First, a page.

Transitions Out of Crime
New Approaches on Desistance in Late Adolescence
- Available for pre-order. Item will ship after January 5, 2022
This book contributes to our knowledge of desistance in a developing country. Offering an intercultural dialogue with mainstream explanations, Transitions Out of Crime analyses the transition from crime to conformity among a group of Chilean juvenile offenders.
Desistance from crime is not just the cessation of criminal activity itself, but a process of acquiring roles, identities, and virtues; of developing new social ties, and of inhabiting new spaces. This book offers new evidence that shows that the traditional binary between the ‘reformed desister’ and the ‘anti-social persister’ is inaccurate and that the road to desistance contains various oscillations between crime and conformity. Furthermore, this study shows the role that gender plays in shaping, limiting and structuring pathways away from crime.
Written in a clear and direct style, this book will appeal to those engaged in criminology, sociology, penology, desistance, rehabilitation, gender studies and all those interested in the transition from crime to conformity outside the Anglo-American orthodoxy.
Table of Contents
Introduction 1.Desistance and youth crime 2.Researching transitions 3.The process and failed process of moving away from crime 3.Triggers within the liminal space of crime and conformity 4.Housewife, mother or thief: gendered desistance and persistence 5.Conclusions and implications
Catalina Droppelmann is the Executive Director of the Centre for Studies on Justice and Society at the Pontificia Universidad Católica de Chile. She has worked for more than fifteen years researching and teaching on justice, crime and social exclusion. She holds a B.A. in Psychology from the University of Valparaíso and an MPhil and a PhD in Criminology at the University of Cambridge. Her interests are on criminal desistance from crime, re-entry policies and youth justice.
This invaluable book makes a vital contribution both to decolonising and to gendering desistance research. Through painstaking analysis of the trajectories through crime of young women and men in Chile, Droppelman reveals the ambivalences, inconsistencies and liminality of their transitions to maturity and social integration. Social and psychological factors interact in these transitions and to understand them, we must also situate them in their cultural and structural contexts. This book is a must-read for anyone interested in understanding and supporting desistance — not just in Chile and Latin America, but everywhere.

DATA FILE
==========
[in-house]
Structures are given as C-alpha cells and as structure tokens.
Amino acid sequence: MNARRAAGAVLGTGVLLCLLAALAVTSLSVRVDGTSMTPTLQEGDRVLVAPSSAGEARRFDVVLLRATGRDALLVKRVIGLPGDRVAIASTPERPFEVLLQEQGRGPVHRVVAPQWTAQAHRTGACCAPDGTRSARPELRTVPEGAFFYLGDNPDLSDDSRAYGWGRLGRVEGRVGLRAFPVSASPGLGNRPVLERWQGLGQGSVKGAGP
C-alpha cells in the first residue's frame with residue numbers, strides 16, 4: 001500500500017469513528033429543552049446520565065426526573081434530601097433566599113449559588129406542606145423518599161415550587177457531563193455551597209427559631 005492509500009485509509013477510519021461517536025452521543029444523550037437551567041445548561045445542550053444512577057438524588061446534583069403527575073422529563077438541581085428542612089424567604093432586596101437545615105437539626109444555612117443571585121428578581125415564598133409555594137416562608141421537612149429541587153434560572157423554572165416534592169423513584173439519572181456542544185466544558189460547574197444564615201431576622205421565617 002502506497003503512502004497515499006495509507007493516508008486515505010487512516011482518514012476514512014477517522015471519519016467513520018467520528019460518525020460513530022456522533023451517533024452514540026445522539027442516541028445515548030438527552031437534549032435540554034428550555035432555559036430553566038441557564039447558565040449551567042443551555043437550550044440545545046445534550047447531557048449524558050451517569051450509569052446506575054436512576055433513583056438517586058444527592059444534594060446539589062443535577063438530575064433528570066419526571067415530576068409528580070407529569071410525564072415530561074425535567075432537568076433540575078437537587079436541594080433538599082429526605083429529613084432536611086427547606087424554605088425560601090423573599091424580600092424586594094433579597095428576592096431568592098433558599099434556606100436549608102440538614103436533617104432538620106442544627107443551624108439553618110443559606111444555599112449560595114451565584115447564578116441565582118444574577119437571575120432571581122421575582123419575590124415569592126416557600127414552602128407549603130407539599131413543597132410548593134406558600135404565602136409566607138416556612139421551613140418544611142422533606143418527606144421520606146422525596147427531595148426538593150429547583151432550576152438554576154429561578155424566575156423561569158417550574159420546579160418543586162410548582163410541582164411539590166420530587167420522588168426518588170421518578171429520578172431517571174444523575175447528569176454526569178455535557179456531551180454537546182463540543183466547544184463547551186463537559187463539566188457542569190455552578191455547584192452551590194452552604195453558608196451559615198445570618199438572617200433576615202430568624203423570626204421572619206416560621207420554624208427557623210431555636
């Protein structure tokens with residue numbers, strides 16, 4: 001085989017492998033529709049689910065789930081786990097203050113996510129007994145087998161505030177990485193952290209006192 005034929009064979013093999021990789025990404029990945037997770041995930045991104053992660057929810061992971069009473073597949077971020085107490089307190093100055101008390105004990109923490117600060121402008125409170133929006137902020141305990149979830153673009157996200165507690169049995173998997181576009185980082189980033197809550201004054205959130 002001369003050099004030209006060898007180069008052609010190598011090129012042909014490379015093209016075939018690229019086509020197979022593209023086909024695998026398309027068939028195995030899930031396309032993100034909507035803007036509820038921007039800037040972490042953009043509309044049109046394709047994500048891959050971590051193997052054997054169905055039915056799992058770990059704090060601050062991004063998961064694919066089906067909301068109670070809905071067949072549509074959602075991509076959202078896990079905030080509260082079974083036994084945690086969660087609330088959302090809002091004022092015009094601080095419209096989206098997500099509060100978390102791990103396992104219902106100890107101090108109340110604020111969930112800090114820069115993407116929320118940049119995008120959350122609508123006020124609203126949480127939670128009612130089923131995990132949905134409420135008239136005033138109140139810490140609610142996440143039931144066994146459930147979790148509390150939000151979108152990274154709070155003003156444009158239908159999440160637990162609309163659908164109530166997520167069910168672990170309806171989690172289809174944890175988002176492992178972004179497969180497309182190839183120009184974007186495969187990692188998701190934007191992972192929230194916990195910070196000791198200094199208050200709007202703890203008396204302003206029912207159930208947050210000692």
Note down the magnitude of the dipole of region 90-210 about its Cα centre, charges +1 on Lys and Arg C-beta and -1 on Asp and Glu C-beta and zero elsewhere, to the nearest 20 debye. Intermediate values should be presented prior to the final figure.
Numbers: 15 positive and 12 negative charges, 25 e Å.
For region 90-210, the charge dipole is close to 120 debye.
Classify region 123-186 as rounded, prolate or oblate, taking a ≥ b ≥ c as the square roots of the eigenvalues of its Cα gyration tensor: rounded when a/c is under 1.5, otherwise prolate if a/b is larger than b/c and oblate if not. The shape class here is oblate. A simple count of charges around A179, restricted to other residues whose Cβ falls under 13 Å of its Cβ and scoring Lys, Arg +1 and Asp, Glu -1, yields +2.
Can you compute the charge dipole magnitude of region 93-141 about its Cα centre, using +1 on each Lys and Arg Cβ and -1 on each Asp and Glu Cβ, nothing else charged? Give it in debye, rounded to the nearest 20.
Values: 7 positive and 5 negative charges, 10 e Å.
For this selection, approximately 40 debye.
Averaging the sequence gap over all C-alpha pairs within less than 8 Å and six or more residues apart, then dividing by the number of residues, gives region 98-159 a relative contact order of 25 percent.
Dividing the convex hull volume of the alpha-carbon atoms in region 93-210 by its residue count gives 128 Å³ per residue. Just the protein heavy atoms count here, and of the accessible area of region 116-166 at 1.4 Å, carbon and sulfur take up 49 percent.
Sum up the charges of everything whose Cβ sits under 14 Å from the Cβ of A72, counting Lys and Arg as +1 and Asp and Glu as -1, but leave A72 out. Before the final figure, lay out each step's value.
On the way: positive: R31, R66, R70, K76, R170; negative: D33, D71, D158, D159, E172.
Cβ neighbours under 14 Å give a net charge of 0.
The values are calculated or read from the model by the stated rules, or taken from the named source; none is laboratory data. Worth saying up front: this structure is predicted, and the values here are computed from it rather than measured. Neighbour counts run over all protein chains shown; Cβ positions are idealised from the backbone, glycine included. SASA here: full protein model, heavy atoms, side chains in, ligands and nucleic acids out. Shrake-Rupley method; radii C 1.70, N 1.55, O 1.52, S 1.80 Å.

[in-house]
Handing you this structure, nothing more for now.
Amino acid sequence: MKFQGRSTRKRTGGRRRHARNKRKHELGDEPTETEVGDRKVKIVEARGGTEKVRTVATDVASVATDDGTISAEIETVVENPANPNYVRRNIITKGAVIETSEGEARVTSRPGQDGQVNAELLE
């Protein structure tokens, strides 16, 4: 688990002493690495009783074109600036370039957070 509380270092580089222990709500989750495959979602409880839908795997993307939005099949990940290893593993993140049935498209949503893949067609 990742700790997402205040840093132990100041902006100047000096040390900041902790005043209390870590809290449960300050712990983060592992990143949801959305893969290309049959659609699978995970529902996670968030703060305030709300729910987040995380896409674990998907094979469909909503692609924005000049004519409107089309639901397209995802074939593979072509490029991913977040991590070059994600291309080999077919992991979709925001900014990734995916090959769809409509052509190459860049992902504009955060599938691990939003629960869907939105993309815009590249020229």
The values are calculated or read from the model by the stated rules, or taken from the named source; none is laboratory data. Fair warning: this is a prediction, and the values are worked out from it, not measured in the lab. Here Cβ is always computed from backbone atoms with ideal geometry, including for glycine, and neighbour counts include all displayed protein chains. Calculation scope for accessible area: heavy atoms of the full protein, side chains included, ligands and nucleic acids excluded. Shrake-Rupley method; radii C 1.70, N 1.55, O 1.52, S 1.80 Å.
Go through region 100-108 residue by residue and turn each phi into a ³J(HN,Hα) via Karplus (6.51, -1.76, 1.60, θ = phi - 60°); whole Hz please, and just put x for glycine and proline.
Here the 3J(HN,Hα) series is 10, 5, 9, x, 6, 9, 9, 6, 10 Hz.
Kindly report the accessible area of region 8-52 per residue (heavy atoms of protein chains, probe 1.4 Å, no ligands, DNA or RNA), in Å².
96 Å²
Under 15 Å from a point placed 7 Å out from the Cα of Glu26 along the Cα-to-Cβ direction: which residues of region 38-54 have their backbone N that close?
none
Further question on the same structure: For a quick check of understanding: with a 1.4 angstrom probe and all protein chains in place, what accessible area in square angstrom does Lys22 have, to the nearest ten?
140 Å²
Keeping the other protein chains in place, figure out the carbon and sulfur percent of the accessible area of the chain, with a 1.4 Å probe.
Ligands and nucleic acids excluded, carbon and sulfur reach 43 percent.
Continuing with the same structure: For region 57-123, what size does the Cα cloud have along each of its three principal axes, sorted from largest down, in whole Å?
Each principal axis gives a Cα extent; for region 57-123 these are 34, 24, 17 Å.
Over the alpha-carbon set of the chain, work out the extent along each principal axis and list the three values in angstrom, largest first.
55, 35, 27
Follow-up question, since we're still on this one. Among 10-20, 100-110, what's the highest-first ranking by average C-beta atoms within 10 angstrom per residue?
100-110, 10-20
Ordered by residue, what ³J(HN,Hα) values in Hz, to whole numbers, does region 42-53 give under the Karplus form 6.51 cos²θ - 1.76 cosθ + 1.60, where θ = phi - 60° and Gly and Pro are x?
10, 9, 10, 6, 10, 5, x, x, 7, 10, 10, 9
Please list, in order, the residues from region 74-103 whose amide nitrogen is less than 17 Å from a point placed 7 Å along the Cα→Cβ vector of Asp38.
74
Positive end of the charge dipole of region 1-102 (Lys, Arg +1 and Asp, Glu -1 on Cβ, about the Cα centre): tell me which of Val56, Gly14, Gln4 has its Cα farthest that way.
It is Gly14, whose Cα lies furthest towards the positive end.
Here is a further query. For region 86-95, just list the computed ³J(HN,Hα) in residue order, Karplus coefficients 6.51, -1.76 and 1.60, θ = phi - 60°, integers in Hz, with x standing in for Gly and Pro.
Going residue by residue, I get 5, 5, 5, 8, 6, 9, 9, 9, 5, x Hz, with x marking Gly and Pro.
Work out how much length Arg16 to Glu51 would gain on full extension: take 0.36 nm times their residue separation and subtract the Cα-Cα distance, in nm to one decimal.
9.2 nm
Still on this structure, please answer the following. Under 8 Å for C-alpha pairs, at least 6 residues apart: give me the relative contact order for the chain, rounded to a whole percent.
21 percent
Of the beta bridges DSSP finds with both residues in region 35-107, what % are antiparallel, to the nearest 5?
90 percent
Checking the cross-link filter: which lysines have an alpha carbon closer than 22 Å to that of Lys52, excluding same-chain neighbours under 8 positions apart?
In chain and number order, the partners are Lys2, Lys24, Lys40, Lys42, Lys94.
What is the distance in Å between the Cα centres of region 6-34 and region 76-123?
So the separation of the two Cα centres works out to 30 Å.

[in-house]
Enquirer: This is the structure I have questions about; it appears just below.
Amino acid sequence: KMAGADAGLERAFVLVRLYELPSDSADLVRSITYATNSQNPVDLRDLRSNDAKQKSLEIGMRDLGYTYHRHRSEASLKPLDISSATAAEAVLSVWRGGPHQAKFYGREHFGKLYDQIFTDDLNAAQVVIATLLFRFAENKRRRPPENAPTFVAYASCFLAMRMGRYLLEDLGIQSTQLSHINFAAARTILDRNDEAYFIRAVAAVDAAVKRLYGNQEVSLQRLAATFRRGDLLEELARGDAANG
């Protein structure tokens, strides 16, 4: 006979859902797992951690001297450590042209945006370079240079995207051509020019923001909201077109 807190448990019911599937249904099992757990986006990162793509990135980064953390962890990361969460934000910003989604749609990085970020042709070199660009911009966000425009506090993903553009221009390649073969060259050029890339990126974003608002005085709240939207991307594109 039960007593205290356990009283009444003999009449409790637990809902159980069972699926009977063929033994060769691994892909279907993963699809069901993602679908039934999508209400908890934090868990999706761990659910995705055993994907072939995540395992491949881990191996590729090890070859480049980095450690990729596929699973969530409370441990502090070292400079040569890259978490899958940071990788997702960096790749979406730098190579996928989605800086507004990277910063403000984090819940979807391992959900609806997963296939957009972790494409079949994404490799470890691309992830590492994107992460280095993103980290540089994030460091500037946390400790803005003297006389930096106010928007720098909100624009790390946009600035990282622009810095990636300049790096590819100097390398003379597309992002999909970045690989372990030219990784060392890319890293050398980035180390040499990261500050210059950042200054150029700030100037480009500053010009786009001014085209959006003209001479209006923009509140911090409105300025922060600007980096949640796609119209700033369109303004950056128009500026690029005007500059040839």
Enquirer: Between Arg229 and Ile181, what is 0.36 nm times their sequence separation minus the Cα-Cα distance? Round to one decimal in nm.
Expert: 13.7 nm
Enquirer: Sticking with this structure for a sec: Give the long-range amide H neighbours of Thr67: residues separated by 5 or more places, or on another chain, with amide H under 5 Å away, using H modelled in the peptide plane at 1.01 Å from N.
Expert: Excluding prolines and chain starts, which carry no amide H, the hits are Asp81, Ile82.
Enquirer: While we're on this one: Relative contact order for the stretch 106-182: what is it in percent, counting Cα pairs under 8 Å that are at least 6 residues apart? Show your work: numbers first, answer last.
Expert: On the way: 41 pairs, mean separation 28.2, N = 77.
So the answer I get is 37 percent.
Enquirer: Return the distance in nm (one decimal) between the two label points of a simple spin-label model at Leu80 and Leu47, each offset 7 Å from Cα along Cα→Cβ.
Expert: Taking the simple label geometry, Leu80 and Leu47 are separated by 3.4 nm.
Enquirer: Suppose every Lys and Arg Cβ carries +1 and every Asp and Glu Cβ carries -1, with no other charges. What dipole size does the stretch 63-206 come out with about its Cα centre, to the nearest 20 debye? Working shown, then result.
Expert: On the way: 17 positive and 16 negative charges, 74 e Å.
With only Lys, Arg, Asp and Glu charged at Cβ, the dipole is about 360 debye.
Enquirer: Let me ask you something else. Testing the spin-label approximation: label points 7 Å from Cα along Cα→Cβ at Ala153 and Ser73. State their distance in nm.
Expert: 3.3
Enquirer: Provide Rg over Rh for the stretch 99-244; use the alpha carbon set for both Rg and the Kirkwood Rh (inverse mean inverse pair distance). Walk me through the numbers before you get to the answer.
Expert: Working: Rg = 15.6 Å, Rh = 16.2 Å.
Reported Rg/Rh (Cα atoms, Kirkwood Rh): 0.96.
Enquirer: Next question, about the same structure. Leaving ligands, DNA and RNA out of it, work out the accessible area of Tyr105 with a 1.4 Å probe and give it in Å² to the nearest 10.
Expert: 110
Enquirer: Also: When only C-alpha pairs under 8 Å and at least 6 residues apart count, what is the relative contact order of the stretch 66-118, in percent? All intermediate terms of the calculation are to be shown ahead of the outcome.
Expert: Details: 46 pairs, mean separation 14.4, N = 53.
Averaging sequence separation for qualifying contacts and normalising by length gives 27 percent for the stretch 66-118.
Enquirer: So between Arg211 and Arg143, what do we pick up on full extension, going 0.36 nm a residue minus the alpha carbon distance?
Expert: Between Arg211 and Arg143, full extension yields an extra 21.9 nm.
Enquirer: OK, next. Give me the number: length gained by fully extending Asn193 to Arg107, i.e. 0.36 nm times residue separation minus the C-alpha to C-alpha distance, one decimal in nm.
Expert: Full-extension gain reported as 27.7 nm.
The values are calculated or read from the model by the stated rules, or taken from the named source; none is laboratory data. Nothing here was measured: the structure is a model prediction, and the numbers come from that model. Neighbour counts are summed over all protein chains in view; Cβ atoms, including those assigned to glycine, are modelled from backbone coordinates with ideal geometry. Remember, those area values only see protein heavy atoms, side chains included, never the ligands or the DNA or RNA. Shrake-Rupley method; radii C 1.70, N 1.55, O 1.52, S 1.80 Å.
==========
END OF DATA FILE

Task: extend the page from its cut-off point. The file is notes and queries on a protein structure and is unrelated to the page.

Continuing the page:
Fergus McNeill, Professor of Criminology and Social Work at the University of Glasgow, Centre for Crime and Justice Research and in Sociology.
The study of desistance from crime, like most areas of criminology, has lacked a strong engagement with the Global South, and this neglect has been to the detriment of theory development. So, Droppelmann’s ground-breaking new study of desistance in Chile is a hugely welcomed contribution to the field that will hopefully be a catalyst for new work across Latin America and beyond.
Shadd Maruna, Professor of Criminology, Queen’s University Belfast
This book represents major analysis of late adolescence and crime in Latin America. Drawing on precepts of Southern Criminology, and the cultural nuances that this entails, the author delves deeply into the lives of young people to offer insights into both pathways into crime but particularly pathways out of crime, motivations, challenges and transformational processes. This is hugely insightful and invaluable reading for all involved in supporting young people, and in correctional practice and penal reform.
Professor Loraine Gelsthorpe, Director, Institute of Criminology, University of Cambridge
In this fine book, Catalina Droppelmann offers an excellent review of the research literature as well as a pioneering research study of late adolescent offenders in Chile. Her research highlights the uncertainties and difficulties often experienced by would-be desisters from crime, and therefore cautions against drawing neat distinctions between ‘desisters’ and ‘persisters’. Her analysis raises important issues for both researchers and practitioners.
Sir Anthony Bottoms, Emeritus Wolfson Professor of Criminology, University of Cambridge